Opinion
School Choice & Charters Letter to the Editor

Dispelling Charter Schools Myths

April 28, 2020 1 min read
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To the Editor:

In response to the recent opinion piece by Diane Ravitch, “The Coronavirus Just Might End School Privatization Nonsense,” (April 10, 2020) I feel compelled to correct several misstatements and inaccuracies that decry the critical role charter schools play in serving America’s public school students. While these typical union tropes are not original, they are particularly distasteful in this moment. We should be elevating everyone who is helping to take care of students.

Yes, parents have been thrust immediately into the challenge of home schooling, and many are struggling to support their students. And, yes, teachers’ work may sometimes go underappreciated. The COVID-19 pandemic has helped many people gain a deeper appreciation of just how hard teachers work and how essential their special skills are to students.

During this time, I have been heartened to see communities come together to support their neighbors. Many charter schools are providing meals, Wi-Fi access, online lessons, and support to all families, regardless of the type of school their child might attend. At this time, instead of doing something useful for students and families, Diane Ravitch and others who share her convictions have chosen to sow seeds of discord and spread alternative myths about charter schools. It’s shameful.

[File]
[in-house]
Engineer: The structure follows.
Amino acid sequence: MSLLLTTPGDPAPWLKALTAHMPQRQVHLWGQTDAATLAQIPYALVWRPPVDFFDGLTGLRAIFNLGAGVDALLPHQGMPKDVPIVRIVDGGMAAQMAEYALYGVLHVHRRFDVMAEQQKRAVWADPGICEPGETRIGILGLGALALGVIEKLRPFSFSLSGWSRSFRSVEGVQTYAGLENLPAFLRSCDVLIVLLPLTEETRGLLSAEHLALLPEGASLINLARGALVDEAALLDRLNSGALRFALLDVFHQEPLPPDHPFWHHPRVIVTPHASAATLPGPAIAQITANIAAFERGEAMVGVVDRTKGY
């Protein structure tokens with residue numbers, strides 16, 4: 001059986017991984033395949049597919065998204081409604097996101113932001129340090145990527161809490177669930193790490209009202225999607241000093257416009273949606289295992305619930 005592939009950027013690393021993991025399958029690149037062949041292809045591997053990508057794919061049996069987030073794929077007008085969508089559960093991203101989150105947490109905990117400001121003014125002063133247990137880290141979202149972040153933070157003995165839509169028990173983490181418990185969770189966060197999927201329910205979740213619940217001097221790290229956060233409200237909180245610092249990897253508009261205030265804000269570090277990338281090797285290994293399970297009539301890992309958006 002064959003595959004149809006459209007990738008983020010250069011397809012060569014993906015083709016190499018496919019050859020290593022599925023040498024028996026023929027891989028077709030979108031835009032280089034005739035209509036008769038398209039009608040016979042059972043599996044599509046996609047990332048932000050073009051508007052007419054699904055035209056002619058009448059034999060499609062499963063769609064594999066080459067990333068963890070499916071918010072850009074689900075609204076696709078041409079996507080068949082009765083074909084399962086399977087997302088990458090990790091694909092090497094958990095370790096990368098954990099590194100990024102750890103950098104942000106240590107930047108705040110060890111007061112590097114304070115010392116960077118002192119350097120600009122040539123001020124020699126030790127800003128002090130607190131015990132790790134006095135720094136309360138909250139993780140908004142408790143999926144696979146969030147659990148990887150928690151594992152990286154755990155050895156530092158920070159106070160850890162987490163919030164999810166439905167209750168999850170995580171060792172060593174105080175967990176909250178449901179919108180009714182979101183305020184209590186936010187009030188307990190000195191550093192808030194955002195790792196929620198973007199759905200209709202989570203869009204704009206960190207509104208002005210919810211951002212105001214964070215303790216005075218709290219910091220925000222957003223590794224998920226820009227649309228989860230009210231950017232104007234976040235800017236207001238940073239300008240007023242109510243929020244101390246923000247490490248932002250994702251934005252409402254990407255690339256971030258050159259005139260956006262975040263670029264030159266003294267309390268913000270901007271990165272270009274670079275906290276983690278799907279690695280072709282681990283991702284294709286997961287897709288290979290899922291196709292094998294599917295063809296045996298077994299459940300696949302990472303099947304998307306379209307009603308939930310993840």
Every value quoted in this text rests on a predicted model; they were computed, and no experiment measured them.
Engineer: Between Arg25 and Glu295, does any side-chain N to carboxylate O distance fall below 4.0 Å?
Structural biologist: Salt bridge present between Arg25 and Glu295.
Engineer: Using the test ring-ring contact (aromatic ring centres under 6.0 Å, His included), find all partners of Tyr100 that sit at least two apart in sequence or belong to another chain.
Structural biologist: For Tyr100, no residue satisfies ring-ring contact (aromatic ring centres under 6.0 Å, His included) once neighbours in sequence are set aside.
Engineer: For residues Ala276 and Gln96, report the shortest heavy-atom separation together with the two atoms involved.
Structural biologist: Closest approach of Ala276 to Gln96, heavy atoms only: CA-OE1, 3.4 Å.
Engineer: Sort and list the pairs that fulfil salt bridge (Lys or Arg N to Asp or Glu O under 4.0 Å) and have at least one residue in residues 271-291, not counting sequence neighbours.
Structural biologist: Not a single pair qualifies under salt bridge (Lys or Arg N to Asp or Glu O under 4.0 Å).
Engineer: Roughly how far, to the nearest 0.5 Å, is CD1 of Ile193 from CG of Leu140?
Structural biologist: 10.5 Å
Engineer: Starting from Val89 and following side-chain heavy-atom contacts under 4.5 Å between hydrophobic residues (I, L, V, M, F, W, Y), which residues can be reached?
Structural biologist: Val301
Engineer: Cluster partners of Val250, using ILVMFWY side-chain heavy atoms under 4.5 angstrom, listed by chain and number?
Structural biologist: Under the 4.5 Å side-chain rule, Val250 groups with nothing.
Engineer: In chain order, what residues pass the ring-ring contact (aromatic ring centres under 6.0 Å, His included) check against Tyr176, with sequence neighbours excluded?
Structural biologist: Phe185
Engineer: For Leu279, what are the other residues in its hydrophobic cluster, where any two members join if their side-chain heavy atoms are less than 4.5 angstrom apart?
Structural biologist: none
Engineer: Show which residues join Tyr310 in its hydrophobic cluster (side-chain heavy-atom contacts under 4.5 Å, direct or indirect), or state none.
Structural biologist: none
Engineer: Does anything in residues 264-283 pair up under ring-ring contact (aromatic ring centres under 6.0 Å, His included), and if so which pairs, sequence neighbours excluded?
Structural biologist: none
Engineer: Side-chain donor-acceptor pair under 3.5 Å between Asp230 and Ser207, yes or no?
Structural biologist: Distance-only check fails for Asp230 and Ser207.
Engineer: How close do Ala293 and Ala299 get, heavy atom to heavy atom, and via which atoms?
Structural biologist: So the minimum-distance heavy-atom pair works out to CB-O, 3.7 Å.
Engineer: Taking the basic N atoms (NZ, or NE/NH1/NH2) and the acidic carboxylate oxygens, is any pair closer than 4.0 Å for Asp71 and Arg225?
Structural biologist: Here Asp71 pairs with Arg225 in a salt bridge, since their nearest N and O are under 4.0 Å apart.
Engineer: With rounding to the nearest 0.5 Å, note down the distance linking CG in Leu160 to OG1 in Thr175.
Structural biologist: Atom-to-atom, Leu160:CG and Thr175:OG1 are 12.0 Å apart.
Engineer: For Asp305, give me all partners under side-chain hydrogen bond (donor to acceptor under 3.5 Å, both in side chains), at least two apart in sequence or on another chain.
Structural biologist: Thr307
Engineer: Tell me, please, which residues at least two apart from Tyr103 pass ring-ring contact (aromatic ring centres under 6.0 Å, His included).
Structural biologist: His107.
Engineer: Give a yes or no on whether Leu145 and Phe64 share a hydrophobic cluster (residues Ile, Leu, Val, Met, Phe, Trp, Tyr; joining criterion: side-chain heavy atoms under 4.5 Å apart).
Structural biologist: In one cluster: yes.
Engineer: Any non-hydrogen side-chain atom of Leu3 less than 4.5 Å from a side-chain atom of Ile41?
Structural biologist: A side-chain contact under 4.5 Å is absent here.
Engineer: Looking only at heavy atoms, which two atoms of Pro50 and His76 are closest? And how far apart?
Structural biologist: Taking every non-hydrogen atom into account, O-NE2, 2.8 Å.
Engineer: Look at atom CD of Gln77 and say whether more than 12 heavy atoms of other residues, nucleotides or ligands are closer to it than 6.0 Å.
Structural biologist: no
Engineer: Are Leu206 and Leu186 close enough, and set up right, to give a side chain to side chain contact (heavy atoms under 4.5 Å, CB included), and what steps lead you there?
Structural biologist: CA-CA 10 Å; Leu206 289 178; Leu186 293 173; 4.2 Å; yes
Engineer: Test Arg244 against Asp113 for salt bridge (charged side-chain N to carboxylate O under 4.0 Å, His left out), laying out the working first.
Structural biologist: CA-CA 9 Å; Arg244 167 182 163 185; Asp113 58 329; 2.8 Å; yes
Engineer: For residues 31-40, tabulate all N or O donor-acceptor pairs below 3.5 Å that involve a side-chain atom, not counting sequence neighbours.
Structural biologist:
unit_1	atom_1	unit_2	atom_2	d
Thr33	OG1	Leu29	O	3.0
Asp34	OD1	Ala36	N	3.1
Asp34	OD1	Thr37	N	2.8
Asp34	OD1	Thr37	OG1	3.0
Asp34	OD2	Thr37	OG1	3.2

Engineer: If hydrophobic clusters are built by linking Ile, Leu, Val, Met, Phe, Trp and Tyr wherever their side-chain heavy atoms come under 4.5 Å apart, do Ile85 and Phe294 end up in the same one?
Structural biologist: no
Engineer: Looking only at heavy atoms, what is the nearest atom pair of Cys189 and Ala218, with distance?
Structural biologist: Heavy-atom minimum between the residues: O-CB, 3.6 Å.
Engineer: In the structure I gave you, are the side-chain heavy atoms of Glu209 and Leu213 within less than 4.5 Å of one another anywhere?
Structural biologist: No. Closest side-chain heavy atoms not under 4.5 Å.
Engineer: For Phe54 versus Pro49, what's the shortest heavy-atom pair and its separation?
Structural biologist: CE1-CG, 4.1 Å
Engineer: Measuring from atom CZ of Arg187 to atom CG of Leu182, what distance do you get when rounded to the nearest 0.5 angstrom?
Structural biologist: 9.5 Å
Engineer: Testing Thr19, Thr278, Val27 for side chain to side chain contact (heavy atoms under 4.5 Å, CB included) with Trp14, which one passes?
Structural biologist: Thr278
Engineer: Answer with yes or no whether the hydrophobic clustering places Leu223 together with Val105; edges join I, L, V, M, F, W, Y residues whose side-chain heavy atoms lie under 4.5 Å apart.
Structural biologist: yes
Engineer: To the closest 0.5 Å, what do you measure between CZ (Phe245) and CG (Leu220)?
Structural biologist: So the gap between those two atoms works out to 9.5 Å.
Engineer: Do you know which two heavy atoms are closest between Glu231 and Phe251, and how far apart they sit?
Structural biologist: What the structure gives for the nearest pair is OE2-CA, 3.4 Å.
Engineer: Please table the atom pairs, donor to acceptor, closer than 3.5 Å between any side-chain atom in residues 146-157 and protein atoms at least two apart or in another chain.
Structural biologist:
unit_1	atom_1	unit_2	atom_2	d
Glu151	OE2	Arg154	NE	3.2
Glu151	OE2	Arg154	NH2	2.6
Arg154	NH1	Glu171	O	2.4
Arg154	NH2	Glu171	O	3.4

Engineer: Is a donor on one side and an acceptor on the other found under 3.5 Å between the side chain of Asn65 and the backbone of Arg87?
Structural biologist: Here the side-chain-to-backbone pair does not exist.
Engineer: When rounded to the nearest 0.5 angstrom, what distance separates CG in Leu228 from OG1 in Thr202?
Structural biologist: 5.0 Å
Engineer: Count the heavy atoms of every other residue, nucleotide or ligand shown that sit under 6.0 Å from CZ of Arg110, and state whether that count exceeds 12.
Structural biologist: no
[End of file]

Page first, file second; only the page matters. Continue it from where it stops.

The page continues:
The public consistently supports charter schools—when they are told the truth. All charter schools are public schools. Under the law, they cannot refuse students on the basis of prior performance. And they do an exceptional job of serving low-income students and students of color. There is no dispute about the value of teachers or that public schools are underfunded and teachers are underpaid. And there should be no debate about the fact that all students deserve a high-quality education. When schools reopen, let’s all focus on replicating the public schools that are providing that.

Nina Rees

President and CEO

National Alliance for Public Charter Schools

Washington, D.C.

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A version of this article appeared in the April 29, 2020 edition of Education Week as Dispelling Charter Schools Myths

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